This governor of California vetoed SB 1121. The bill would have ended 70 years of blatant racial discrimination in California by extending the same overtime rights you and I enjoy to the nearly half million farmworkers toiling in the fields.
Let’s be clear: this is a public official supporting with his power and authority the systematic abuse of the thousands and thousands of people who do the work that keeps you alive. There is little other way to look at it. History will judge him an even worse racist than those of 50 or 100 years ago because Schwarzeneggar should have known better.
The reason he gave for his veto is that the cost would be too high for the industry, forcing them to higher fewer workers. He wrote: “Unfortunately, this measure, while well-intended, will not improve the lives of California’s agricultural workers and instead will result in additional burdens on California businesses, increased unemployment and lower wages.”
This is the same reason that was given when they tried to ban the short-handle hoe; or get rid of the Bracero Program; or limit the use of cancer-causing pesticides; or force employers to provide restrooms for workers. Like all those cases, the reason is bullshit. In each of these instances, profits rose after the industry was forced to act ethically.
If you are so-inclined, you can email the governor and tell him what an ass he is. If there is an afterlife, I hope his is spent bent over in the hot sun feeding a bunch of fat people who don’t know (or care) he exists.
Contact him at email@example.com.
Howlin’ Wolf (born in Mississippi; 1910-1976), performing Willie Dixon’s “Shake It For Me,” for European television, in 1964.
This is a picture of Arturo Rodriguez (UFW President); Sen. Dean Florez (D-Shafter, CA); Msgr. James Murphy (Cathedral of the Blessed Sacrament); and scores of farmworkers. They are kneeling in California’s State Capitol building and praying that Gov. Arnold Schwarzeneggar will sign SB 1121 into law.
The bill–which is now on the Governor’s desk–would give farmworkers the same right you and I already have: overtime pay for overtime work. Schwarzeneggar only has a limited amount of time to sign it.
Authored by Florenz, the bill “would lift a 1941 exemption in state labor code that excludes farmworkers from getting overtime pay after an eight-hour day or a 40-hour week. California farmworkers now get overtime pay only after a 10-hour day or a 60-hour week.”
You can read more about it here and here.
The 450,000 farmworkers in California deserve more than time and a half. They perform the life-giving work that you and I depend on to do, well, everything we do. Right now, you owe them your support.
Call or email Gov. Arnold Schwarzeneggar’s office NOW and tell him to sign the farmworker overtime bill into law. Dial 916-445-2841 or send and email via the official correspondence link.
The United States Customs and Border Protection (CBP) arm of the Department of Homeland Defense (DHS) is getting some armed assistance with the addition of 1,200 National Guard troops on the U.S.-Mexico border.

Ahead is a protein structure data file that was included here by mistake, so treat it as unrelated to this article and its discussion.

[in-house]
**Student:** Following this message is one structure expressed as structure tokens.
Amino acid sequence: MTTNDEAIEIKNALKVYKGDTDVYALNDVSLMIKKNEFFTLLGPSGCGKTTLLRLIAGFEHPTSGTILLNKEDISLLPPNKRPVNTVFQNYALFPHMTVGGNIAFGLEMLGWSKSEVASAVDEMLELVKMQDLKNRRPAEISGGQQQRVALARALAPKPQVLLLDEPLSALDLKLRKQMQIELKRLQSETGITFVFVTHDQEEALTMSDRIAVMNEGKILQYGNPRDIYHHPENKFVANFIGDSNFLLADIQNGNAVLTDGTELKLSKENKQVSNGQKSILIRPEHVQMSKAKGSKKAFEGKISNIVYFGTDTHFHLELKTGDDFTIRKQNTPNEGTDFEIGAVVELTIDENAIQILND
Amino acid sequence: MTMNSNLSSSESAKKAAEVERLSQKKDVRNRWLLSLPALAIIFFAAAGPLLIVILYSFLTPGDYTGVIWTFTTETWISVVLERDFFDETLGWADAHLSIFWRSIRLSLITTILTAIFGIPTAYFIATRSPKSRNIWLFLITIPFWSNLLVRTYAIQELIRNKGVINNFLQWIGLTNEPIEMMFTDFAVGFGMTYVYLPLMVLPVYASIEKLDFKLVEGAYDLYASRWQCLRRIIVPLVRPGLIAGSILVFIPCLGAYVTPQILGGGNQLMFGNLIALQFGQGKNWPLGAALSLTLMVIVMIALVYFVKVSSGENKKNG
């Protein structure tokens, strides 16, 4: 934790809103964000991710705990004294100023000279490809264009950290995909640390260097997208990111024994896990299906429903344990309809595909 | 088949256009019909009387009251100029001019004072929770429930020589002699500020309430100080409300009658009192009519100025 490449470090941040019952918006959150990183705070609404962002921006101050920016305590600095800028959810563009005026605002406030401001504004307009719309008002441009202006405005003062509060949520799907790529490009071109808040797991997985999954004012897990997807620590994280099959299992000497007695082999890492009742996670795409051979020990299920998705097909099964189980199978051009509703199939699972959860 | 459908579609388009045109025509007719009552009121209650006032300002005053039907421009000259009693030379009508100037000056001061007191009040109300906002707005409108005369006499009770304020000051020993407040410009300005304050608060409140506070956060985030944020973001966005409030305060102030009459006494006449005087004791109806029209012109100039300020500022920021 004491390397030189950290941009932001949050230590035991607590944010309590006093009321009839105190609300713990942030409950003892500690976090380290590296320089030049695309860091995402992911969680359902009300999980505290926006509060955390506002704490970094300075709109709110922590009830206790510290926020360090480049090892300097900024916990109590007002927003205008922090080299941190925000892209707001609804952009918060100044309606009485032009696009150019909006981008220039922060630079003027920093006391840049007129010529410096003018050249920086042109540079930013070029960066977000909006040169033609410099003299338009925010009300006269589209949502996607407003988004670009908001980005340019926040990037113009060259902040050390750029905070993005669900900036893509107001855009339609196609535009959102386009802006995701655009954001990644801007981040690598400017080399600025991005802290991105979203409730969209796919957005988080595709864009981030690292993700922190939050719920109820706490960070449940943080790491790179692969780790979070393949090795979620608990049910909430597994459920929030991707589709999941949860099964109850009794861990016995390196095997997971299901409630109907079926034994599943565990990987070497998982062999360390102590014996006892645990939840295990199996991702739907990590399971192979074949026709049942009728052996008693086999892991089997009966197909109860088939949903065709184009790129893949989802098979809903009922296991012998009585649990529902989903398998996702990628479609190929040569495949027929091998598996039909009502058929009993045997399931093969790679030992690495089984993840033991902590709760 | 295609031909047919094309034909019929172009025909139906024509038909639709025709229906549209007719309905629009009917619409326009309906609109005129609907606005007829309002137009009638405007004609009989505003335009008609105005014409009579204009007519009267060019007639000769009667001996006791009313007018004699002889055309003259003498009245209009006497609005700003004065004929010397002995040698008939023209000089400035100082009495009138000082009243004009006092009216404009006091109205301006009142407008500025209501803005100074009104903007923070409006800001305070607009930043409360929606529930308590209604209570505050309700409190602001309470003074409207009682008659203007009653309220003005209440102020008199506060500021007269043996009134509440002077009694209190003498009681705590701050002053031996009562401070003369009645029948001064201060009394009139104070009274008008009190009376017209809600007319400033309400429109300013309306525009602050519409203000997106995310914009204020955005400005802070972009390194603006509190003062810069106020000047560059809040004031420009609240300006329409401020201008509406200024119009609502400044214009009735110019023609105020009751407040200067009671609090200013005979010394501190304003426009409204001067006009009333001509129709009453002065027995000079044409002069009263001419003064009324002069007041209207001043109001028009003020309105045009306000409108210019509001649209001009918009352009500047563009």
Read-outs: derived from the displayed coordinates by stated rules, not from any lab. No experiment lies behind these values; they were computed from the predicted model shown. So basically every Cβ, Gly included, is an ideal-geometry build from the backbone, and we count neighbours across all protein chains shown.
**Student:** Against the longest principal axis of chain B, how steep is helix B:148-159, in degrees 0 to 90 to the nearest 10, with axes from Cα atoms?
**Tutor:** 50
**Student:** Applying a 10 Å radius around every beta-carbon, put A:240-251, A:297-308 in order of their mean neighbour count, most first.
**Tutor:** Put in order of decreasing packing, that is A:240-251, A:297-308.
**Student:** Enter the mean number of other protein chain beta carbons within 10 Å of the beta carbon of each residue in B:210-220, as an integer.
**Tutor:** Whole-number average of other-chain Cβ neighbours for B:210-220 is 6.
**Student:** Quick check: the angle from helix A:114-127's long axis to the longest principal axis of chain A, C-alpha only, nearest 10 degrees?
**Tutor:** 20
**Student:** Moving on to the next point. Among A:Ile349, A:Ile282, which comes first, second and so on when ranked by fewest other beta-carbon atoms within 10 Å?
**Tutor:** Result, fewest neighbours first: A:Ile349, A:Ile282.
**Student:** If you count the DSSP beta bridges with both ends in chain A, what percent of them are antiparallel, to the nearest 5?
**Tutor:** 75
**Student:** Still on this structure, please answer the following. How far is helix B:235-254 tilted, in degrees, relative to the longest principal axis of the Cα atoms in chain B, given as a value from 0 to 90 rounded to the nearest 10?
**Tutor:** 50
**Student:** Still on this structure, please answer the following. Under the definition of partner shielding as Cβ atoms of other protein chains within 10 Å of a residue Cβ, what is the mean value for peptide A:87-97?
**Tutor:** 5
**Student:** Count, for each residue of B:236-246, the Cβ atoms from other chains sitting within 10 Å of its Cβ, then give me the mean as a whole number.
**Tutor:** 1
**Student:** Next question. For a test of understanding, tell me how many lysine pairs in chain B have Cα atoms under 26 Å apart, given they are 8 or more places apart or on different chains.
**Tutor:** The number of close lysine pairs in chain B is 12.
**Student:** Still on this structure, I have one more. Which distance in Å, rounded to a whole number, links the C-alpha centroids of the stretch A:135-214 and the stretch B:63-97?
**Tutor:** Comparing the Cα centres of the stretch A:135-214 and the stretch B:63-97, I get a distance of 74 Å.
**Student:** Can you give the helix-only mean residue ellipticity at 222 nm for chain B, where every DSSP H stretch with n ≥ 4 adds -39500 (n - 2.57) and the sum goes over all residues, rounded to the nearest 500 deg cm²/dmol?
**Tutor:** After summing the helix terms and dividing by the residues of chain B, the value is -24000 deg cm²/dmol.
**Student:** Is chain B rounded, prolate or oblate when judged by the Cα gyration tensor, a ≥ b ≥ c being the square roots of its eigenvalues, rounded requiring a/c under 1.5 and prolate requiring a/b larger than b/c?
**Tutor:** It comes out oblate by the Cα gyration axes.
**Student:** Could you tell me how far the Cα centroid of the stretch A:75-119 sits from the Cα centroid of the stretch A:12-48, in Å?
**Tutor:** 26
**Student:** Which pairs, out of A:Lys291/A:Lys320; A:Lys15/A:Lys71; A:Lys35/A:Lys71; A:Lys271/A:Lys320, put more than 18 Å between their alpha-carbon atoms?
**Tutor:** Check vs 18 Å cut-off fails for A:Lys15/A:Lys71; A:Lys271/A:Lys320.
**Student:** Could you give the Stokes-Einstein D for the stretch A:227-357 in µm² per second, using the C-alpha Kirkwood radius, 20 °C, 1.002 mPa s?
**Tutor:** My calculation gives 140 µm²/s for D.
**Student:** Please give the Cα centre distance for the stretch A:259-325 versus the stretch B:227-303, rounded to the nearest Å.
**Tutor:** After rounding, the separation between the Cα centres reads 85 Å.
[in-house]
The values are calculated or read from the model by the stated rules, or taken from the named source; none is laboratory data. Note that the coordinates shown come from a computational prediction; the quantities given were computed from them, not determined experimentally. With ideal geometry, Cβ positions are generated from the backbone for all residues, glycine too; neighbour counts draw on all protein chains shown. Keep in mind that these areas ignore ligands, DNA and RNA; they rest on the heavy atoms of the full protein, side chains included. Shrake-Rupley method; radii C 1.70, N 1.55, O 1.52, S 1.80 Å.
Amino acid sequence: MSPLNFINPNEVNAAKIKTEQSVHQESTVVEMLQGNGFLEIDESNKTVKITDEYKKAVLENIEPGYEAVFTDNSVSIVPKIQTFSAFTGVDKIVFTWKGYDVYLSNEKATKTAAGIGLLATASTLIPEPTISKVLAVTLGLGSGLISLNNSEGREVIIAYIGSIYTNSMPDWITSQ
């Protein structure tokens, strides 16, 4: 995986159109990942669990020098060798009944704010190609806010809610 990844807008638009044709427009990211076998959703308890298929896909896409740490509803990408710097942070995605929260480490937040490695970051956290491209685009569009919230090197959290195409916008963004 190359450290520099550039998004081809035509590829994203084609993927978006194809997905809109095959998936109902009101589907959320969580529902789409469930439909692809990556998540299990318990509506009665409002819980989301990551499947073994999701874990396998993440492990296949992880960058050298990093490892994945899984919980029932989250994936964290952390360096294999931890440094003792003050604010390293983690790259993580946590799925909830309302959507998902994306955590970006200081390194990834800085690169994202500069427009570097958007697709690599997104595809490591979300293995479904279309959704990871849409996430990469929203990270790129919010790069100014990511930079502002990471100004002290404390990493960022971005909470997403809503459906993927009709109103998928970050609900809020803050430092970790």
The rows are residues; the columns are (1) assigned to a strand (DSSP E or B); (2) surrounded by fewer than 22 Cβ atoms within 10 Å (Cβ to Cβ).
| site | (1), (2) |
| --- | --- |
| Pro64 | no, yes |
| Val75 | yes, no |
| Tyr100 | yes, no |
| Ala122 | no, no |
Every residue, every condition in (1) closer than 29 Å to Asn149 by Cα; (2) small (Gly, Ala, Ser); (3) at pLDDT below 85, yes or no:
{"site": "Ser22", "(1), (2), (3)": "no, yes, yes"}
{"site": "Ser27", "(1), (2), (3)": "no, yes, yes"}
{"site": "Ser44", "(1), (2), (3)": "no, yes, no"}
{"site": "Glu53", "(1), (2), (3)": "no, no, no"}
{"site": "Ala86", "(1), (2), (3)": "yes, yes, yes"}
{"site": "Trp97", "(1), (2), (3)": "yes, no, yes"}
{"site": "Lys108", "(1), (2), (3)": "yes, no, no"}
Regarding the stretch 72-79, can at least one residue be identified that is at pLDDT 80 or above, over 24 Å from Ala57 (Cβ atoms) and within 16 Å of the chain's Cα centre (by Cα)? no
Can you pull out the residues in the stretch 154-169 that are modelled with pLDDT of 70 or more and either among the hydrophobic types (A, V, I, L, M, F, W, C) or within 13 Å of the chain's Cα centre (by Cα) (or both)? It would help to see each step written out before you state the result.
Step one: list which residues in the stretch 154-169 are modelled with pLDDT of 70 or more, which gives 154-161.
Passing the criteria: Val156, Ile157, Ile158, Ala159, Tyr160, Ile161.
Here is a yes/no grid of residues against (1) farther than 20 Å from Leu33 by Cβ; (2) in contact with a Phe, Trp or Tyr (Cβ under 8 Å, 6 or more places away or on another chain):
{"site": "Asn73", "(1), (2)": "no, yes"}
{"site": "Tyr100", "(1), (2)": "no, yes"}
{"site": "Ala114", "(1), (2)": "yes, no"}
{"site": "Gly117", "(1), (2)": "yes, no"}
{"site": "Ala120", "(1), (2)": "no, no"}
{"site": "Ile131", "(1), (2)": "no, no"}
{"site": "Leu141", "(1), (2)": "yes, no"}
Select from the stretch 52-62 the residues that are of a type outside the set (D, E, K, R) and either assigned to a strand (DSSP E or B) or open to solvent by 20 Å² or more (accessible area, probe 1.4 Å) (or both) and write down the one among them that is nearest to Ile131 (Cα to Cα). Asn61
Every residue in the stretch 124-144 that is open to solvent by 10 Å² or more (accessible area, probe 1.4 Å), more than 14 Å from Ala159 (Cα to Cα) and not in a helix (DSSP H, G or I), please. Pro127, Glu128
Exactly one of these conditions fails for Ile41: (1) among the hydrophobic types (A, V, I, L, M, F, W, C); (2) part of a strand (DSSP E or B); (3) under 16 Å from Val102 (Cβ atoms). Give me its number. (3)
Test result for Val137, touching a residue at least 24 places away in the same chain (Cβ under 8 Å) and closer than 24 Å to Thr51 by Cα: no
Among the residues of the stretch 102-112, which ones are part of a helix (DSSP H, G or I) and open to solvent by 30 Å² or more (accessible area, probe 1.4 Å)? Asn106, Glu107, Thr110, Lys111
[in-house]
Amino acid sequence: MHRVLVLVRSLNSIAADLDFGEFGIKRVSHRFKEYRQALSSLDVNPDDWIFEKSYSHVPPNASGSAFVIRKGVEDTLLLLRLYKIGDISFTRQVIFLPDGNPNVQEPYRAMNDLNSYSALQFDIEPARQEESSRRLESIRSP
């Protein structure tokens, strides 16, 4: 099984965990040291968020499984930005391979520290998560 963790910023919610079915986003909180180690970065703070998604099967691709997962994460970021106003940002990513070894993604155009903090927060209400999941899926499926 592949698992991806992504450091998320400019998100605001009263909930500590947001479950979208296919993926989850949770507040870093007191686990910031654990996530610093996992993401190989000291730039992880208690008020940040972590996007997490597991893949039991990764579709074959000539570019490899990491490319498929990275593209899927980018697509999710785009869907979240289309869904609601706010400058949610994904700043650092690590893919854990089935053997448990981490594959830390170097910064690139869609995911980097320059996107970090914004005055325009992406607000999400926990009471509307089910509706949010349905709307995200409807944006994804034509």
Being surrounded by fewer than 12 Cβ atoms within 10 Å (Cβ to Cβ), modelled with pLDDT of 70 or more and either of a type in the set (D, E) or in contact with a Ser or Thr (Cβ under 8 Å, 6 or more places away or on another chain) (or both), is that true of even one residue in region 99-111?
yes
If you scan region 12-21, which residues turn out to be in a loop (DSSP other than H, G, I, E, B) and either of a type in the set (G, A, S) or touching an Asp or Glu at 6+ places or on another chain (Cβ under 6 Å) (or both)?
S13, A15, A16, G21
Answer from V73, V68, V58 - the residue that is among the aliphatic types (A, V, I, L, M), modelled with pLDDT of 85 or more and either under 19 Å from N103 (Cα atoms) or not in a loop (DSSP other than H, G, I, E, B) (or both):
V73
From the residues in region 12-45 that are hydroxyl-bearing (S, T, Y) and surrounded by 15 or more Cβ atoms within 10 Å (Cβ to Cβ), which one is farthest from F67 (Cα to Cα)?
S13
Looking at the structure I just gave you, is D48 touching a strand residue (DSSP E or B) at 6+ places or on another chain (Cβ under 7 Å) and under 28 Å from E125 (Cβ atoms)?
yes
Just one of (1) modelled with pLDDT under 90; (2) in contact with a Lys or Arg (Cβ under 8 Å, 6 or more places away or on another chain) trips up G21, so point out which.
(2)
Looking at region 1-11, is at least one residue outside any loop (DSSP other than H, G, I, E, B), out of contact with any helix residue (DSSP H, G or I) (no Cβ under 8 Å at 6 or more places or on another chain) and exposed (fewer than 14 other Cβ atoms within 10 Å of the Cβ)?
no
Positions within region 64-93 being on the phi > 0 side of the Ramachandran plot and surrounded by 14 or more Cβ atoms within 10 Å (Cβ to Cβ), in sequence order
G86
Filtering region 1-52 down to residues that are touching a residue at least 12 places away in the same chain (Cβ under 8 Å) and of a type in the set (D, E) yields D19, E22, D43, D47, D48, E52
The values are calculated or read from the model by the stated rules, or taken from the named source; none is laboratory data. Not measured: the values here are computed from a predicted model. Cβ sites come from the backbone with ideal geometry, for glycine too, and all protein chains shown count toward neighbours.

The National Guard’s mission is to fortify the border until CBP can hire and train 1000 new agents. The urgent needs are the twin tides of illegal immigration and drug/weapons smuggling. As this release report from the Armed Forces Press Service attests, little distinction is made between the two kinds of criminal activity the National Guard is meant to curb.
This isn’t the first time the National Guard has stepped in to provide “relief” for a border police system that is seemingly always taxed to its limits. For two years, from 2006 to 2008, more than 6,000 troops participated in “Operation Jump Start,” building fences and fortifying barriers for CBP while they sought to hire more people to fill their needs.
The drug and weapons situation at the border (as well as away from it) is a serious problem for Mexico, as it is for the U.S. This latest deployment of troops by the Obama Administration is recognition of this, at some level.
The unfortunate thing is, this is little more than PR. The drug and weapons problem at the border is tantamount to a raging widlfire. The U.S. has just opened its garden hose.
The harder and more productive stance would be to ask how we can both snuff out the current blaze as well as stop promoting future fires. That would mean interrogating the ways U.S. weapons producers help add dry tinder to an already combustible situation and how U.S. consumers of drugs are the match.
It would also mean interrogating the policies promoted by the U.S. and its international agencies that make economic life in Mexico what it is for the rural poor.
But this token deployment is not innocuous. Anytime you send armed people to an incendiary situation there is the potential of danger. Their non-offensive position is another boost to the low-intensity-conflict strategy at the border, one that hopes to scare the migrant flow into the hazardous terrain of the desert. The end effect is a loss of life without a bullet fired.
Jimi Hendrix (born in Seattle, WA; 1942-1970), here performing Howlin’ Wolf’s “Killing Floor,” in Monterey, CA, 1967.
I’ve been trying out Formspring on the down low for a few months now. It’s been okay, a little monotonous over time, but that’s due largely (I think) to the fact I’ve been kind of anonymous on it (or ficticious?) and, really, what kind of questions do you ask a person you don’t know?
I’ve decided to try it out as myself, with the hopes it might inspire some interesting conversations about things I care about and others (at least one person) care about as well. On top of that, there seems to be a shortage of informed educators using the service, so maybe I can add to that trend as well.
You can ask me a question–anonymous or otherwise–related to anything at http://www.formspring.me/thebigtshow.